(CNN) - Health policy experts and government leaders across the country are looking ahead on how to best ease coronavirus social distancing, with some experts predicting “another battle” with coronavirus will come again in the winter.
As President Trump continues to push for a symbolic first reopening, officials around the country are focused on their communities. Many are following the lead of California governor, Gavin Newsom, confirming this “new normal” is here to stay. In New Orleans, the mayor suggests major events like Jazz Fest won’t be back until 2021. In Mississippi, schools are closed for the remainder of the academic year.
Experts predict the virus will return.
“We’re going to have another battle with it upfront and aggressively next winter. This is why it is so important we take the time right now to improve our testing capacity, expand our public health capacity to do early case recognition, contact tracing and isolation," Dr. Robert Redfield, the director of Centers for Disease Control and Prevention, said.
Los Angeles is now offering same or next day testing to its 10 million residents. Anyone with COVID-19 symptoms is eligible.
Major league baseball is also pitching in for antibody testing with players, their families and even concession workers volunteering in a nationwide study to better understand coronavirus and its spread.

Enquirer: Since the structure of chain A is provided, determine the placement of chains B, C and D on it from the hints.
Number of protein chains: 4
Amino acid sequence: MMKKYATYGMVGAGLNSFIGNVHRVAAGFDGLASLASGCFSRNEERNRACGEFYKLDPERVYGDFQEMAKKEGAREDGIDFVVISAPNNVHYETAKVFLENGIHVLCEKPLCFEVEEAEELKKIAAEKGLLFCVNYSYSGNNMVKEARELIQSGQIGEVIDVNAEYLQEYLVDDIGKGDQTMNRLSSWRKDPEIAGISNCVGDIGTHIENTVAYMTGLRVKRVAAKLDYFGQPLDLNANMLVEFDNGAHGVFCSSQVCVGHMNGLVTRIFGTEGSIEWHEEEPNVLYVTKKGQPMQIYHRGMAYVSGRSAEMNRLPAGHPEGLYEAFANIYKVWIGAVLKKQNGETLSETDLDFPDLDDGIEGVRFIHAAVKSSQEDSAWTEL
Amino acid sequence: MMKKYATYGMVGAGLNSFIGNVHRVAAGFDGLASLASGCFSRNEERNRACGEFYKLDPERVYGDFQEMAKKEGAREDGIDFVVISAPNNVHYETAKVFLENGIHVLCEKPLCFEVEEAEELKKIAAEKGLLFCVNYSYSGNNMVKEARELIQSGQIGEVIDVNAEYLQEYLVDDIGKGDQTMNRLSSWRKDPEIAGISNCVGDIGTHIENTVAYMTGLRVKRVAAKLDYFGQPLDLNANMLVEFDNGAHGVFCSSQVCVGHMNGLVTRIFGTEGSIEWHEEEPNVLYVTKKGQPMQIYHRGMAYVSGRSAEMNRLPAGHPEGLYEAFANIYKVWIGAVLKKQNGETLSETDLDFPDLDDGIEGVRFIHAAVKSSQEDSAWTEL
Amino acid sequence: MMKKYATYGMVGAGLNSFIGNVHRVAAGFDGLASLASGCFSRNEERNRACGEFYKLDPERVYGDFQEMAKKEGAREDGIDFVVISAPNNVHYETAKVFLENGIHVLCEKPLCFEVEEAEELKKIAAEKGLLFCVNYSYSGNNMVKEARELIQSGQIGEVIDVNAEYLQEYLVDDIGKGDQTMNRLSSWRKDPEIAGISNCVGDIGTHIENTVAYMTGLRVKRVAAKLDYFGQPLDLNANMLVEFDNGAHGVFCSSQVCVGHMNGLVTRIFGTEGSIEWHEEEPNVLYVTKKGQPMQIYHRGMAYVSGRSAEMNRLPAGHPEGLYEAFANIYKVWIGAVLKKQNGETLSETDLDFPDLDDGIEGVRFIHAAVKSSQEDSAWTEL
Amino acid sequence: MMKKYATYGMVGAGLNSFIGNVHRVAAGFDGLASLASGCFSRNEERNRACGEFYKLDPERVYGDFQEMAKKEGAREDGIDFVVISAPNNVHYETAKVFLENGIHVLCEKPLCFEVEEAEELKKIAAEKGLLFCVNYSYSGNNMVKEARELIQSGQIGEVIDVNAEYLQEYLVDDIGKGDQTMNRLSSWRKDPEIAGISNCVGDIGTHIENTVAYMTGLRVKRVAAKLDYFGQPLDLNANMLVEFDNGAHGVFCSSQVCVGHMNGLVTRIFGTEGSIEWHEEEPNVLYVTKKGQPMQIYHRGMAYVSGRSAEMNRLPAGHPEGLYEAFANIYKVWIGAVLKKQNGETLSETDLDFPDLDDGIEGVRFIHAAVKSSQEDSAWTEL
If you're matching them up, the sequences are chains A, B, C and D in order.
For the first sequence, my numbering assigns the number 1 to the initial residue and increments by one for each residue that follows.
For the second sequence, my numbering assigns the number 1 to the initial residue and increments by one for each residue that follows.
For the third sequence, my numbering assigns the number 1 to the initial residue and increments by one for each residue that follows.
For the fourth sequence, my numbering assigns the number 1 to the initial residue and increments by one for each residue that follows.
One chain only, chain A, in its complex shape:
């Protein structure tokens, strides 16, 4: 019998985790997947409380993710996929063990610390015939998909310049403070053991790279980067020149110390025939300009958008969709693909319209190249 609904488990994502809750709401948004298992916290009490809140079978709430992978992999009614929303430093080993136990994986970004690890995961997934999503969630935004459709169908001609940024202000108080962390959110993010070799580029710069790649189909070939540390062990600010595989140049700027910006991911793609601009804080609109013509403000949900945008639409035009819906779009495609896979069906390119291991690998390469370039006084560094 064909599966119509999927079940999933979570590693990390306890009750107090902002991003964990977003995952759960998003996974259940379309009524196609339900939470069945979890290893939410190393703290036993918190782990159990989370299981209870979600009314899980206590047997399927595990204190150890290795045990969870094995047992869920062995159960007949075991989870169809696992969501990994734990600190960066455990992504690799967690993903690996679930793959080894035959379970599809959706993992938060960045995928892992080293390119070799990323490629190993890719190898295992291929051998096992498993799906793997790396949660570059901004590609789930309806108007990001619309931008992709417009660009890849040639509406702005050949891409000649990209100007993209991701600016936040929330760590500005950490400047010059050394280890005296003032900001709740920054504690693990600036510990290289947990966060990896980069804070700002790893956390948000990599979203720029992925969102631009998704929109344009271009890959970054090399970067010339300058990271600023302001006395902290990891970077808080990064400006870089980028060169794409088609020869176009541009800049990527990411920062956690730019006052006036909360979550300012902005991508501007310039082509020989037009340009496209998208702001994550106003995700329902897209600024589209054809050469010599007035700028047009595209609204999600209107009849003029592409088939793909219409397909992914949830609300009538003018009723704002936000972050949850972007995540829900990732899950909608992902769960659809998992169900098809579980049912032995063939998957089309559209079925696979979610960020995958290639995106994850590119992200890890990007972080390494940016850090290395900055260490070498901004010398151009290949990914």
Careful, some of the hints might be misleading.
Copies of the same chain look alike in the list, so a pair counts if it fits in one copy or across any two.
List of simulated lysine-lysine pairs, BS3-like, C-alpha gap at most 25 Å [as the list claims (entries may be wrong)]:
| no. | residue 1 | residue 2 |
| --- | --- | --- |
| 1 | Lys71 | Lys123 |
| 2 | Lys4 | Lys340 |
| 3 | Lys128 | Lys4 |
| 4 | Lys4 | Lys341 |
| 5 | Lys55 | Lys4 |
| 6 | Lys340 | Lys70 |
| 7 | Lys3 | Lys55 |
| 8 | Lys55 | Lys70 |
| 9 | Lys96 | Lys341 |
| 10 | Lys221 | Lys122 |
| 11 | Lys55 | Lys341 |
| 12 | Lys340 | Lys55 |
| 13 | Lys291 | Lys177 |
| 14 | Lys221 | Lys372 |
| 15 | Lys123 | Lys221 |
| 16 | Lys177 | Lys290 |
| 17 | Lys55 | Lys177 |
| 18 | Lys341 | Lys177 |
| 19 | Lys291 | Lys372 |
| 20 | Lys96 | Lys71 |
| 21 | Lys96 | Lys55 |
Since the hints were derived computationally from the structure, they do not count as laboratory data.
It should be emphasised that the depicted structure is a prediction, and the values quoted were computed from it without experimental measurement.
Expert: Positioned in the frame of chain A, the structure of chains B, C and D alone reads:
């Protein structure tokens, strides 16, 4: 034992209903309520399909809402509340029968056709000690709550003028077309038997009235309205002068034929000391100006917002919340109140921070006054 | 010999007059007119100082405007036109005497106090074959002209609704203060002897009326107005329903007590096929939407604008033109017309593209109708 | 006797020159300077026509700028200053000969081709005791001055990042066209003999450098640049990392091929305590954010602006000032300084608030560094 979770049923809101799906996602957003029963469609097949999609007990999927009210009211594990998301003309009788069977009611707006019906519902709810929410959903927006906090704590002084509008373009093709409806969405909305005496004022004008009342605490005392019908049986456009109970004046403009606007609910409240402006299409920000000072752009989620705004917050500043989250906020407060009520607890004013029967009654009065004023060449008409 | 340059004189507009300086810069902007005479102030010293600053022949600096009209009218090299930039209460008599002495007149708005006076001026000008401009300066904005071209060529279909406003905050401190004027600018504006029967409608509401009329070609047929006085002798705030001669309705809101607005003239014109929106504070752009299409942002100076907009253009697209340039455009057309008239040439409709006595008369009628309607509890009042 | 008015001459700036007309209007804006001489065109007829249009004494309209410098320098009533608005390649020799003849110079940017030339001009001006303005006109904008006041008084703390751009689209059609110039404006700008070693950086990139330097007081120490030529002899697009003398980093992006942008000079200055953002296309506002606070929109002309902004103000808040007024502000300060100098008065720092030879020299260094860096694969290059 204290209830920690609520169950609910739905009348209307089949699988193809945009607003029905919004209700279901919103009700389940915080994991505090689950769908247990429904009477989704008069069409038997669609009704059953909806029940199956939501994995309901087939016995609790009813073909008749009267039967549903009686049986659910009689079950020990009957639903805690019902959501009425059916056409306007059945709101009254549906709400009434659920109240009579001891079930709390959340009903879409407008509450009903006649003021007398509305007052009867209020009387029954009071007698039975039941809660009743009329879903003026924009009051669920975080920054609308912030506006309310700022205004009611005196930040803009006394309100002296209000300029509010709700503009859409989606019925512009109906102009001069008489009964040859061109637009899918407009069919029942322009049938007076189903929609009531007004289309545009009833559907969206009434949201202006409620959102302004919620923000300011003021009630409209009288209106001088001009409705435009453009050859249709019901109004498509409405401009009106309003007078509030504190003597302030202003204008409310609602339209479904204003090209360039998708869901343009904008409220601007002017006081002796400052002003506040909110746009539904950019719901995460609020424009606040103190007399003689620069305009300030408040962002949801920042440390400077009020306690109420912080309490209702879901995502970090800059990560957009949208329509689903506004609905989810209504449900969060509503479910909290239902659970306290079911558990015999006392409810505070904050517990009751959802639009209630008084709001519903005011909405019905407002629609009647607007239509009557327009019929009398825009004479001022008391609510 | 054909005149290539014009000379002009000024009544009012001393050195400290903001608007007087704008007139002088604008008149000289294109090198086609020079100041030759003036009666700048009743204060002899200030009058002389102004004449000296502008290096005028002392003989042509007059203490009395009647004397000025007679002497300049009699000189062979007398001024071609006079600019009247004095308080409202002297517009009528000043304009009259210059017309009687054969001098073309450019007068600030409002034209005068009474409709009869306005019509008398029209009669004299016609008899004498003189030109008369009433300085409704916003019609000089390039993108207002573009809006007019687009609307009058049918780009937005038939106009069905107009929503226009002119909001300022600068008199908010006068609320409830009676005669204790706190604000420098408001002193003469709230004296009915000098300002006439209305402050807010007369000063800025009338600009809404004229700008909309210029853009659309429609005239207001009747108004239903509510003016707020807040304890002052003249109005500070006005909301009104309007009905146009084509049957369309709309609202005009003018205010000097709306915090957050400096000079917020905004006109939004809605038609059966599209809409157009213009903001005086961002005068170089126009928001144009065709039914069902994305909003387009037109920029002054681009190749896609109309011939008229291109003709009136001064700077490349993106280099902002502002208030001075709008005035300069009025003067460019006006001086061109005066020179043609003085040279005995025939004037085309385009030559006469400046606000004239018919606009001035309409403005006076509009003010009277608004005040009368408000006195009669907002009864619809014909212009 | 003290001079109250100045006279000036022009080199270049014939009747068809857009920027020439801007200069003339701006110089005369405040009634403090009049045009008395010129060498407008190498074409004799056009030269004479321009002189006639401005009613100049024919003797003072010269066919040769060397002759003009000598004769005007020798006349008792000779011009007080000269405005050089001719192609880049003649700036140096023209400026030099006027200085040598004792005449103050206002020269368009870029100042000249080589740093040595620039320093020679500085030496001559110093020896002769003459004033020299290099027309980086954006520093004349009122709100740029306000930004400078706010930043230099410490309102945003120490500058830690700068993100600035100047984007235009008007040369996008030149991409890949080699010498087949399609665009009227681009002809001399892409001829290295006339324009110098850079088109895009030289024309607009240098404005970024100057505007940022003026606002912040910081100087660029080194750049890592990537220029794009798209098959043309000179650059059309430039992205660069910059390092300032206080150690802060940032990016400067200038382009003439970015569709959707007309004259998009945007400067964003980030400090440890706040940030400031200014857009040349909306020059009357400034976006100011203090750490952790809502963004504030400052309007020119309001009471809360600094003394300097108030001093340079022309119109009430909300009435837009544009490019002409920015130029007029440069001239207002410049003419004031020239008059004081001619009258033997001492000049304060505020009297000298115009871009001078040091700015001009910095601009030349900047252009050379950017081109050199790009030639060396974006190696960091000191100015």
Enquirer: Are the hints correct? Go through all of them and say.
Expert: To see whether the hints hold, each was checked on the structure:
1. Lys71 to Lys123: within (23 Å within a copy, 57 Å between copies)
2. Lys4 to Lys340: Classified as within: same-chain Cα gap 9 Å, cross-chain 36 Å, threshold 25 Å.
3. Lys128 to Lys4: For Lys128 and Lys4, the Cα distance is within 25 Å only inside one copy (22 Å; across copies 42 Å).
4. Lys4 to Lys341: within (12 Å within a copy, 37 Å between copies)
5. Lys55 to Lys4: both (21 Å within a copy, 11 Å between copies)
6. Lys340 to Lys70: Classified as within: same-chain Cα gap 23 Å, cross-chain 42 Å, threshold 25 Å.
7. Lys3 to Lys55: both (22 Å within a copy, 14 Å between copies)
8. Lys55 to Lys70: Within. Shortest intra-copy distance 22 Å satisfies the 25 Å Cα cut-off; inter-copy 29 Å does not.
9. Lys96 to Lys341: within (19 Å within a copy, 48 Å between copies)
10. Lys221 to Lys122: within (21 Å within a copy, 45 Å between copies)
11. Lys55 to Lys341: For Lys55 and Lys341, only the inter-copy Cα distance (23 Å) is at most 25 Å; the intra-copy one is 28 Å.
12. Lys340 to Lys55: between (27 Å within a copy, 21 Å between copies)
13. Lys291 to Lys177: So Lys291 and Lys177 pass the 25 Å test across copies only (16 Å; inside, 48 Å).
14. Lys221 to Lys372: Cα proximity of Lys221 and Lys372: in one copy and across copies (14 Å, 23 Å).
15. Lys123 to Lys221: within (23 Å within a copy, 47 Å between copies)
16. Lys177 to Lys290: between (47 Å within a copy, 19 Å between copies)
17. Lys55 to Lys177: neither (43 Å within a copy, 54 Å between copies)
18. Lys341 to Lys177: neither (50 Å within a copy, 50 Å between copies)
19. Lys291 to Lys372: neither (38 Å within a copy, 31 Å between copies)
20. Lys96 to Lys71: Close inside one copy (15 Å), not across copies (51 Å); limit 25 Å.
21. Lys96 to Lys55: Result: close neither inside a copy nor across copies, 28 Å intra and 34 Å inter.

“It is very hard to bring this to scale quickly and we need the federal government to be part of this,” New York governor, Andrew Cuomo, said.
As New York cautiously embraces a plateau, Georgia is preparing for a potential surge and midwestern states discuss a coordinated regional plan to reopen, similar to efforts in the Northeast and on the West Coast.
“This is not a light switch going on or off. This is going to be making a change, testing it, modeling it and then seeing whether it works, and then if it does, you can make another change,” Oregon governor, Kate Brown, said.
A vaccine may be the key to any lasting change.
“We’re targeting fall for the emergency use, so that would be for healthcare workers and people who might be in constant contact and risk of being exposed over and over," Kizzmekia Corbett, the lead scientist in coronavirus vaccine research for the National Institutes of Health, said.
For the rest of America, the vaccine is likely a year away.